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Freshwater Fridays keeps learning REAL - Last spring CES faculty Dan McGarvey, James Vonesh, and adjunct instructor & Chesapeake Bay Foundation Staff Scientist Joe Wood envisioned a new collaborative course block focused on freshwater science and policy dubbed "Freshwater Fridays". Freshwater Fridays includes 3 integrated 500-level topics courses – SCENIC NATURAL RESOURCES POLICY & ASSESSMENT, co-led by Vonesh and Lynn Crump, Scenic Resources Coordinator for Virginia Depart of Conservation and Recreation, STEAM SURVEY METHODS led by McGarvey, and VIRGINIA WATER QUALITY ISSUES & CAREERS led by Wood. The purpose of block scheduling these courses over 9 hours every Friday was to enable the courses to develop a more immersive and integrated curriculum whereby instructors can teach not only course-specific content but highlight the overlap across disciplines and to facilitate our ability to integrate day- and weekend trips to increase opportunities for hands-on place-based Relevant Experiential Applied Learning (REAL). Adapting to the times Student enthusiasm was high during spring registration - enrollment quickly filled. Then the pandemic hit. "The pandemic forced educators around the country to rethink how they were going to teach their courses this fall",  said Vonesh, "since our courses were fundamentally based on experiential hands-on in-person learning, often off-campus, we faced some unique challenges. We had to take Freshwater Fridays back to the editing table and see if we could still deliver something that resembled what we had promised safely and in compliance with health guidelines." After input from across the university and from the students enrolled, a revised Freshwater Fridays emerged. Wood's WATER QUALITY ISSUES course moved online, with Wood focusing on bringing regional leaders in water policy to the class through ZOOM. McGarvey split his fish and aquatic invertebrate identification labs, which require extensive microscope work, into 2 sections to maintain social distancing. Since they were unable to obtain a large enough… Read More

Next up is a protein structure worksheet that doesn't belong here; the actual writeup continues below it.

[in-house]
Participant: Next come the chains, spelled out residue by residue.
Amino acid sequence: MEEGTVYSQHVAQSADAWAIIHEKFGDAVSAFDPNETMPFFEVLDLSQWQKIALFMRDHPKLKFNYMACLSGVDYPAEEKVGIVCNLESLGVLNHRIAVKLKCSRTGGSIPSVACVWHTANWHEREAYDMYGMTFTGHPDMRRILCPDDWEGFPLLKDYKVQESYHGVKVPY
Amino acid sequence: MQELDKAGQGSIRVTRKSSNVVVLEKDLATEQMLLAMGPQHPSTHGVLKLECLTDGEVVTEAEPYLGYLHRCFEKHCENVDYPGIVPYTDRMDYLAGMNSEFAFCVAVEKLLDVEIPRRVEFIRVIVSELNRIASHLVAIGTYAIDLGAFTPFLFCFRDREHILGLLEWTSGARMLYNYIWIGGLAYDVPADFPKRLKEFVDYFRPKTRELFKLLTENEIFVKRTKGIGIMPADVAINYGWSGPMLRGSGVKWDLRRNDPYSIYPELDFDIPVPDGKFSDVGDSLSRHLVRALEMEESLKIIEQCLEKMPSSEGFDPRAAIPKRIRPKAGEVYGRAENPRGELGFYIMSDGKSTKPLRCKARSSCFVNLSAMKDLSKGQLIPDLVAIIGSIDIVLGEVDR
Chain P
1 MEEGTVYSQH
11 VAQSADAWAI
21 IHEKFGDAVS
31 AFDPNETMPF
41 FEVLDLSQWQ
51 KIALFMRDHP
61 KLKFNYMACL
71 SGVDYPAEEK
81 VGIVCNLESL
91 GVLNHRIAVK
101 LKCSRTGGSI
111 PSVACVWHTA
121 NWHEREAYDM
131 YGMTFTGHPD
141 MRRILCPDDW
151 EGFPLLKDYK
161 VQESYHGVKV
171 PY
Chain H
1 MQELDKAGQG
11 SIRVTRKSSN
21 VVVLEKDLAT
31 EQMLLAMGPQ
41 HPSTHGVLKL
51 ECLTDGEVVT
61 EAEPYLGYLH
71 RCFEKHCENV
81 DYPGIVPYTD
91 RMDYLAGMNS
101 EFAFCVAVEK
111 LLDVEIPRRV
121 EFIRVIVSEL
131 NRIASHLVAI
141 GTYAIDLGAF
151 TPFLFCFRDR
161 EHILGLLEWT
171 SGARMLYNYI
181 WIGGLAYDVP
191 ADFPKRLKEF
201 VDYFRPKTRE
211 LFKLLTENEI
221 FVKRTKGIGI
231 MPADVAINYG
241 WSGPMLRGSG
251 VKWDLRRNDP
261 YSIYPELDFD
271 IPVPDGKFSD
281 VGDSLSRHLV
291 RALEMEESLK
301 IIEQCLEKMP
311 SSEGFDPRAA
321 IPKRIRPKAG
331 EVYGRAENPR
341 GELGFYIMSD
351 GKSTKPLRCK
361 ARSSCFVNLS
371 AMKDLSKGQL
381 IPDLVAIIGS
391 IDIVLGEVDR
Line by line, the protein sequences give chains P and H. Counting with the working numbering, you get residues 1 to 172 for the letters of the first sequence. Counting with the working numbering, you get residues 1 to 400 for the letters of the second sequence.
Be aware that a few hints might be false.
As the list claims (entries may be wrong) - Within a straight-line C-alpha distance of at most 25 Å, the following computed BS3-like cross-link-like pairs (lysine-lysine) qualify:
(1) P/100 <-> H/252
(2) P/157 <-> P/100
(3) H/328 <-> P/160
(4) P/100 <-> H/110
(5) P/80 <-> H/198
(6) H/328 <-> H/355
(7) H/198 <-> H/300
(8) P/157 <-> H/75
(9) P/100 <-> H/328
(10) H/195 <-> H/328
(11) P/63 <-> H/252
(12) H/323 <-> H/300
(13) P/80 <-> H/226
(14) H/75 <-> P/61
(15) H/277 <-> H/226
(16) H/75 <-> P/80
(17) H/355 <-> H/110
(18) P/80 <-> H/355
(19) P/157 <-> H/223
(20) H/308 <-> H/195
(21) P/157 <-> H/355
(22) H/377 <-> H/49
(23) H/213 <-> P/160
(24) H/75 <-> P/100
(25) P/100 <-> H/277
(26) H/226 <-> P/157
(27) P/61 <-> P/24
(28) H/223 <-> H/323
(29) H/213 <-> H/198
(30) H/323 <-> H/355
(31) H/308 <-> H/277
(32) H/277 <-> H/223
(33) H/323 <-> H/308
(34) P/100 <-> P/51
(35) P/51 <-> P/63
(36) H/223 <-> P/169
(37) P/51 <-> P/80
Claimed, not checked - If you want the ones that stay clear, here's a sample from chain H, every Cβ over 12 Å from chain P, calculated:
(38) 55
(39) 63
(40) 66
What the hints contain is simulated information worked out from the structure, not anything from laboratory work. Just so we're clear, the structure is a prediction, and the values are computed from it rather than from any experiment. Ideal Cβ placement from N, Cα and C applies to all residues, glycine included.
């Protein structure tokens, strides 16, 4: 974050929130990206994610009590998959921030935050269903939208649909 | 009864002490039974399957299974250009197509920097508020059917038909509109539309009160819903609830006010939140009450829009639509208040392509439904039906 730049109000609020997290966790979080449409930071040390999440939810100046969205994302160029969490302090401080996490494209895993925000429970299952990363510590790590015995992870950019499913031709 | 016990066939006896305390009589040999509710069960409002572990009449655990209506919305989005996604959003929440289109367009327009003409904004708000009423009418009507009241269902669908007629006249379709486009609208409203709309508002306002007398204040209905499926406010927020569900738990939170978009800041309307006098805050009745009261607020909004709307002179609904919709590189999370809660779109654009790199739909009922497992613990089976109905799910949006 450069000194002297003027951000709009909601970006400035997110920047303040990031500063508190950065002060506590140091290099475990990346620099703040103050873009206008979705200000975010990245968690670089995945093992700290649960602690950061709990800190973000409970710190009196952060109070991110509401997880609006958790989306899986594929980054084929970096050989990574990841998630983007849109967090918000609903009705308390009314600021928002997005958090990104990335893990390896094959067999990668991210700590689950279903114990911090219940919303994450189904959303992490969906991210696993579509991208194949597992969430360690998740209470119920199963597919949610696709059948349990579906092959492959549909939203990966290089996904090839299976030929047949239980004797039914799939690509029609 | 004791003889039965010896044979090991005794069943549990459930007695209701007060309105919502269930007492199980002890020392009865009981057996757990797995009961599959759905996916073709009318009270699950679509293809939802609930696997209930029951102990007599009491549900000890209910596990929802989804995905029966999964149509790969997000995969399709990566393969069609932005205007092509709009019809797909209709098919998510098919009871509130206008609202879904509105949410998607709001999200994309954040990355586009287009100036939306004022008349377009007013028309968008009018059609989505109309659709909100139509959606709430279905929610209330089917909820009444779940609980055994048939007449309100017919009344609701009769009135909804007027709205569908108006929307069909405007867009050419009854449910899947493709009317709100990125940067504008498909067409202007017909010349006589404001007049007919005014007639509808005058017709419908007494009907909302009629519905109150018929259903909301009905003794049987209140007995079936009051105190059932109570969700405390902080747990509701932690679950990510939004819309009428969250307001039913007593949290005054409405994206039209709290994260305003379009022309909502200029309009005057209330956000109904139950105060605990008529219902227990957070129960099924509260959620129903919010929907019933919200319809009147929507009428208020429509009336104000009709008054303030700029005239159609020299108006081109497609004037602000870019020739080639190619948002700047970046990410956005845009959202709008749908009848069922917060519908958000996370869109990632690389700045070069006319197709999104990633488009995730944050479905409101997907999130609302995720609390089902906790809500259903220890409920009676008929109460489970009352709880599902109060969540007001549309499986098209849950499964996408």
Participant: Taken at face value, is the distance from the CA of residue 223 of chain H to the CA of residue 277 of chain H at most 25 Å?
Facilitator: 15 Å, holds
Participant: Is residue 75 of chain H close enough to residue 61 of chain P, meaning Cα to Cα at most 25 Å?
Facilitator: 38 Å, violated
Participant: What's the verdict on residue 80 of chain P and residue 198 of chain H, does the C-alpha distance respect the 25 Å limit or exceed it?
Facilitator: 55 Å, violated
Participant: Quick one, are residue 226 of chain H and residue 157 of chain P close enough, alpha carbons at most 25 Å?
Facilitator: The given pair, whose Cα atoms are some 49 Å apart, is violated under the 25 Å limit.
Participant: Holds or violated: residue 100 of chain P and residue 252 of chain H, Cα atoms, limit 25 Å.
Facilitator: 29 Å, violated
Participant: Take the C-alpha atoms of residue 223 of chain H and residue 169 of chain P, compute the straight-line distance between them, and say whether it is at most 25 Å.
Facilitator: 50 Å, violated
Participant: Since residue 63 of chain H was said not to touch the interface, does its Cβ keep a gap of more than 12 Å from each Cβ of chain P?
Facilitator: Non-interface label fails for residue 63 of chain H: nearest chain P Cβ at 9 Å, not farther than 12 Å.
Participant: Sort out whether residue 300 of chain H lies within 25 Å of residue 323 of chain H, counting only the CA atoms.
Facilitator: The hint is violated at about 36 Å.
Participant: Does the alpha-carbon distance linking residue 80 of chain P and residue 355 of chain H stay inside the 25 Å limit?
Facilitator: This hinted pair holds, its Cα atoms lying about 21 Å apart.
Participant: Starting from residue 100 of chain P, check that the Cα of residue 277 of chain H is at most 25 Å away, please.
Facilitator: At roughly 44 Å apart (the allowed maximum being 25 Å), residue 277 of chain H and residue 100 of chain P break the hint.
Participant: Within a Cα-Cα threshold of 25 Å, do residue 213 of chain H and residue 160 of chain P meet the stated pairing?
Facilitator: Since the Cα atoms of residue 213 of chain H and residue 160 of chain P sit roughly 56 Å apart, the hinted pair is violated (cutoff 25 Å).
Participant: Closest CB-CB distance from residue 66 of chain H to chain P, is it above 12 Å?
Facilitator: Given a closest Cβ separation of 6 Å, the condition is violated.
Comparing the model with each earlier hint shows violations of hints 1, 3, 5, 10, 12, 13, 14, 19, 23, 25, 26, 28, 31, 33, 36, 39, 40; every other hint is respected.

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ENVS graduate Chtaura Jackson selected as VCU “10 Under 10” honoree - VCU Alumni's 10 Under 10 awards program recognizes the noteworthy and distinctive achievements made by alumni who earned their first VCU degree (undergraduate, graduate or professional) within the past 10 years. This year we are proud to announce that one of VCU Environmental Studies' graduates, Chtaura Jackson (M.S.’10/ENVS/LS), was selected to be among those recognized. Chtaura received her Bachelor of Science in Biology from Chowan University, North Carolina. At Chowan, she developed an interest in predator-prey ecology which then led her to the lab of Prof. James Vonesh at VCU.  Chtaura's M.S. thesis examined the factors that shape biodiversity in the riverine rock pools characteristic of the James River fall zone here in Richmond. "Chtaura really helped lay the foundation for our ongoing work in the rock pools", Dr. Vonesh said, "She was the first student to work in that system in the lab and helped developed the maps and rock pool flood models that we used until very recently. Since her time in the lab, the rock pools have been both the focus of NSF funded ecological research and local STEM education outreach with RPS high school students. Chtaura played an important role in getting all that started." Chtaura has always been an adventurer, she says. So, in 2010, after finishing her master’s in environmental sciences at VCU, she took a trip abroad. Instead of a few carefree weeks hopscotching through Europe, she headed for a small village in South Africa’s North West province, working in the peace Corps for two years on a range of community development projects. The projects included providing HIV/AIDS and tuberculosis education at a local clinic, training staff in computer skills and database management, acquiring a grant to build a water collection system, and developing training materials for staff at a local orphanage. After… Read More